SAT 13.03, 15:15 - with Alexandra Darby, Darja Popolitova, Dovilė Bernadišiūtė and Lee Allen Kuczewski
SAT 13.03 - Day 3: ‘OUTPUT’: on ornamutations, making processes, authorship, interactions between physical and virtual, digital curation, visual culture, and artistic research
with Alexandra Darby, Darja Popolitova, Dovilė Bernadišiūtė and Lee Allen Kuczewski
Starts at 15:15 (CET)
What potential, as well as threats, does AI offer for the discourse of jewellery? And, what roles can the domain of jewellery play in challenging these technologies? What can we learn about jewellery through AI? How may Machine Learning impact wearability, materiality, ownership, and creation processes? And, where do goldsmith’s traditions and craft practices fit in? What might be the value of the generated output? Is this ‘real’ jewellery? And, who made it? What does collaborating with 100+ artists, feeding the algorithm with images of their works to create ‘a new kind of jewellery’, mean in terms of authorship, agency…?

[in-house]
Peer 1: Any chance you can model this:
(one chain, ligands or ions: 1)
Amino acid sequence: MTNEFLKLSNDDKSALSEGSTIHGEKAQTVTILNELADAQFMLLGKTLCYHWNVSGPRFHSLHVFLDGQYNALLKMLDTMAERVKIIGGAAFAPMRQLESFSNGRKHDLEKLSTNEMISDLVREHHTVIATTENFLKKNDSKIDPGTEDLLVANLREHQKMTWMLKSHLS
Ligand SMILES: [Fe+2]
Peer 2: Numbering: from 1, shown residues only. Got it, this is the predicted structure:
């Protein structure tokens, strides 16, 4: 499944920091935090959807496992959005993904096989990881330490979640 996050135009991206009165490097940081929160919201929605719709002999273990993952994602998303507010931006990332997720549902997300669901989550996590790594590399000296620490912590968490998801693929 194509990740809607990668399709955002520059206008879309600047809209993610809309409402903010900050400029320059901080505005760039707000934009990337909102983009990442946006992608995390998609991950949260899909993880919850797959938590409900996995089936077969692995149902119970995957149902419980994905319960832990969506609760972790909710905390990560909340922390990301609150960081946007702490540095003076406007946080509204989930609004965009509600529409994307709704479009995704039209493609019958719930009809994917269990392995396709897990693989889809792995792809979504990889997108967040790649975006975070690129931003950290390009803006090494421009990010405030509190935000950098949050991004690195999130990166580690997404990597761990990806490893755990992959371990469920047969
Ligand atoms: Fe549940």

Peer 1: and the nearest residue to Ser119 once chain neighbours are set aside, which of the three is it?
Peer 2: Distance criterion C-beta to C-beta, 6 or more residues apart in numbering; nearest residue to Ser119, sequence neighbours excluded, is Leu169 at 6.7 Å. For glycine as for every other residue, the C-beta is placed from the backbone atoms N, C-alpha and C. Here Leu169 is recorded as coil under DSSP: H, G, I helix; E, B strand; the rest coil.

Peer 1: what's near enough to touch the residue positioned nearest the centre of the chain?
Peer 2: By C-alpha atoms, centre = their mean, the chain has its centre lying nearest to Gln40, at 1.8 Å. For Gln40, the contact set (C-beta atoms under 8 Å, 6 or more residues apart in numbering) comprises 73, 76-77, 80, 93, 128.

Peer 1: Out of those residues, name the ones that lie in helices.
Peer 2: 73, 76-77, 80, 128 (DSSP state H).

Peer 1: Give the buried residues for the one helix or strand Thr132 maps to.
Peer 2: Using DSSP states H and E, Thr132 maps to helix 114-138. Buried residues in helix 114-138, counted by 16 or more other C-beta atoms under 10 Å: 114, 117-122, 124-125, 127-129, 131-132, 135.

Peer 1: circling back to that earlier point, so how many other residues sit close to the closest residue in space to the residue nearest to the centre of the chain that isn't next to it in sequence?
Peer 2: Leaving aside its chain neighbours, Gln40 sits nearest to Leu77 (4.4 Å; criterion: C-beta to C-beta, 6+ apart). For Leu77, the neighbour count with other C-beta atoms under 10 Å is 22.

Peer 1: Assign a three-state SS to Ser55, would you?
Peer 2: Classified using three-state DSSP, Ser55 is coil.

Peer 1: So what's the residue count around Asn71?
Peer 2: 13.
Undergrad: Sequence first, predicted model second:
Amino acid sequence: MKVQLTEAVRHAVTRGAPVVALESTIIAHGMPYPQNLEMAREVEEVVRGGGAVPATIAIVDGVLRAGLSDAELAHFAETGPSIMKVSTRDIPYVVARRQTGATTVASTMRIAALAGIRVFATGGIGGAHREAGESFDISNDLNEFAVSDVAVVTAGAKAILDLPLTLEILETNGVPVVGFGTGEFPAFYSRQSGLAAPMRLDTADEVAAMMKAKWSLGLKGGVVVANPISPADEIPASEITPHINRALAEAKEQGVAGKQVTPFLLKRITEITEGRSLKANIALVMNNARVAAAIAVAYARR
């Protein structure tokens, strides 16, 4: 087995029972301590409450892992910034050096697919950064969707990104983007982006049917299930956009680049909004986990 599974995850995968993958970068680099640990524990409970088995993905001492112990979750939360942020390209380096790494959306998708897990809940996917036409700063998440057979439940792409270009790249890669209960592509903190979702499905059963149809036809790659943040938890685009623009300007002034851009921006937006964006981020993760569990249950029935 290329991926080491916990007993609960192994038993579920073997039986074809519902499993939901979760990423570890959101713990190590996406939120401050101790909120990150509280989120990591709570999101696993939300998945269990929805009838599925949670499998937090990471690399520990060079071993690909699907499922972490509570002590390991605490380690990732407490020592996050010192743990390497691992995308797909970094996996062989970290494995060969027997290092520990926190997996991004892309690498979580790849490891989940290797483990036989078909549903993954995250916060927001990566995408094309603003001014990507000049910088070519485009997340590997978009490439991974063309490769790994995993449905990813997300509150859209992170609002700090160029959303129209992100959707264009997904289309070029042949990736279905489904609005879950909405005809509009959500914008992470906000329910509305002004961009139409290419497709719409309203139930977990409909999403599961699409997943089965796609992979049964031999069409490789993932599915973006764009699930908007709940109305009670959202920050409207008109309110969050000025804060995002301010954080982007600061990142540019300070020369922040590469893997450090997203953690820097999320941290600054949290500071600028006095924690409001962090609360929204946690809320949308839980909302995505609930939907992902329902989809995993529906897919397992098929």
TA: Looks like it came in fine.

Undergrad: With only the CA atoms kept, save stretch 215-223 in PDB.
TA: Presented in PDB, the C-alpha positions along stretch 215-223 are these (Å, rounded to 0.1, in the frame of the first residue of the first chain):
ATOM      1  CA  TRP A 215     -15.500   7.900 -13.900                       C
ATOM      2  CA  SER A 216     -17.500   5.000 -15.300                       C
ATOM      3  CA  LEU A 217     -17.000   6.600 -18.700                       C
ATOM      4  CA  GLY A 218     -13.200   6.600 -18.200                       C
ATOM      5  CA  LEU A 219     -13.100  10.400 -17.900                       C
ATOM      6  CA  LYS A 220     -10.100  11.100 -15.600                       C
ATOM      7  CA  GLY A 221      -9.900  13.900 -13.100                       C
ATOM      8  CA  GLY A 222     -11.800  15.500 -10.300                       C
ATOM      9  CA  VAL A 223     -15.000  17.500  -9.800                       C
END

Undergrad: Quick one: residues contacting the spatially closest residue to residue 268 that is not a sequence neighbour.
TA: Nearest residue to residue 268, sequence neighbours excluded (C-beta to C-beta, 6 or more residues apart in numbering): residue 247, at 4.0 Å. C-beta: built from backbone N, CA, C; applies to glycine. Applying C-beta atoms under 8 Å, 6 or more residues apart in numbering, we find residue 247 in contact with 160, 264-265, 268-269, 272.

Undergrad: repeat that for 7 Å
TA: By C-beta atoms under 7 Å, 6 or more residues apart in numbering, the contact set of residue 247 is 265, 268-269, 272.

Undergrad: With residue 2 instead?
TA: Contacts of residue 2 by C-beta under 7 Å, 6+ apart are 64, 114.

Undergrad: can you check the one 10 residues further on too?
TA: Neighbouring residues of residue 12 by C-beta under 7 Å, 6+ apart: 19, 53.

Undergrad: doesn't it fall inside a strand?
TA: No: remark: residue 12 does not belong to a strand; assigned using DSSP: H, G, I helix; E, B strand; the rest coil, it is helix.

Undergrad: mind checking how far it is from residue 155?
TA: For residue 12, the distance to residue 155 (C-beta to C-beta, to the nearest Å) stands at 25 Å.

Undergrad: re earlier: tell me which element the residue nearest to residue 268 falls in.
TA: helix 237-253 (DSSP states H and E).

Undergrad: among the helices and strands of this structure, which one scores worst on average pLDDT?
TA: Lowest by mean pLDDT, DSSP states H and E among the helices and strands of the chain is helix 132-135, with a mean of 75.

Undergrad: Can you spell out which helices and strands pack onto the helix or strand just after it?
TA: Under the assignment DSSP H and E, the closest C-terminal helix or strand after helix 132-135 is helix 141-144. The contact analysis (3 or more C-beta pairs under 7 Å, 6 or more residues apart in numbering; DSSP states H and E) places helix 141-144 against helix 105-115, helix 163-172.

Alexandra Darby is a hyper-generalist. Trained as a jeweler, Darby’s speculative jewelry practice exists at the intersection of performance, installation, technology, and brand — critiquing notions of value and disrupting traditions through materiality and quirky installations. She is the creator of The Jewelry Phone, a speculative jewelry platform, and the founder of DARBY STUDIOS, an interdisciplinary studio in support of creative practice, founded as a launchpad for creative businesses and projects. Darby's unapologetically interdisciplinary work spans art, tech, culture, and entrepreneurship, with process as the driving force behind all her projects. Her belief in entrepreneurship for all, matched with her love of jewelry, drives her unique application of entrepreneurial thinking to independent craft businesses. Darby's work has been featured in The New York Times, Forbes, JCK, Creators Project, WIRED, and Fast Co. Design, and she holds a BVA in Jewelry and Object Design, and an MA in Art Curatorship. In her not-so-spare time, she works on her jewelry line, and both teaches and speaks on entrepreneurship.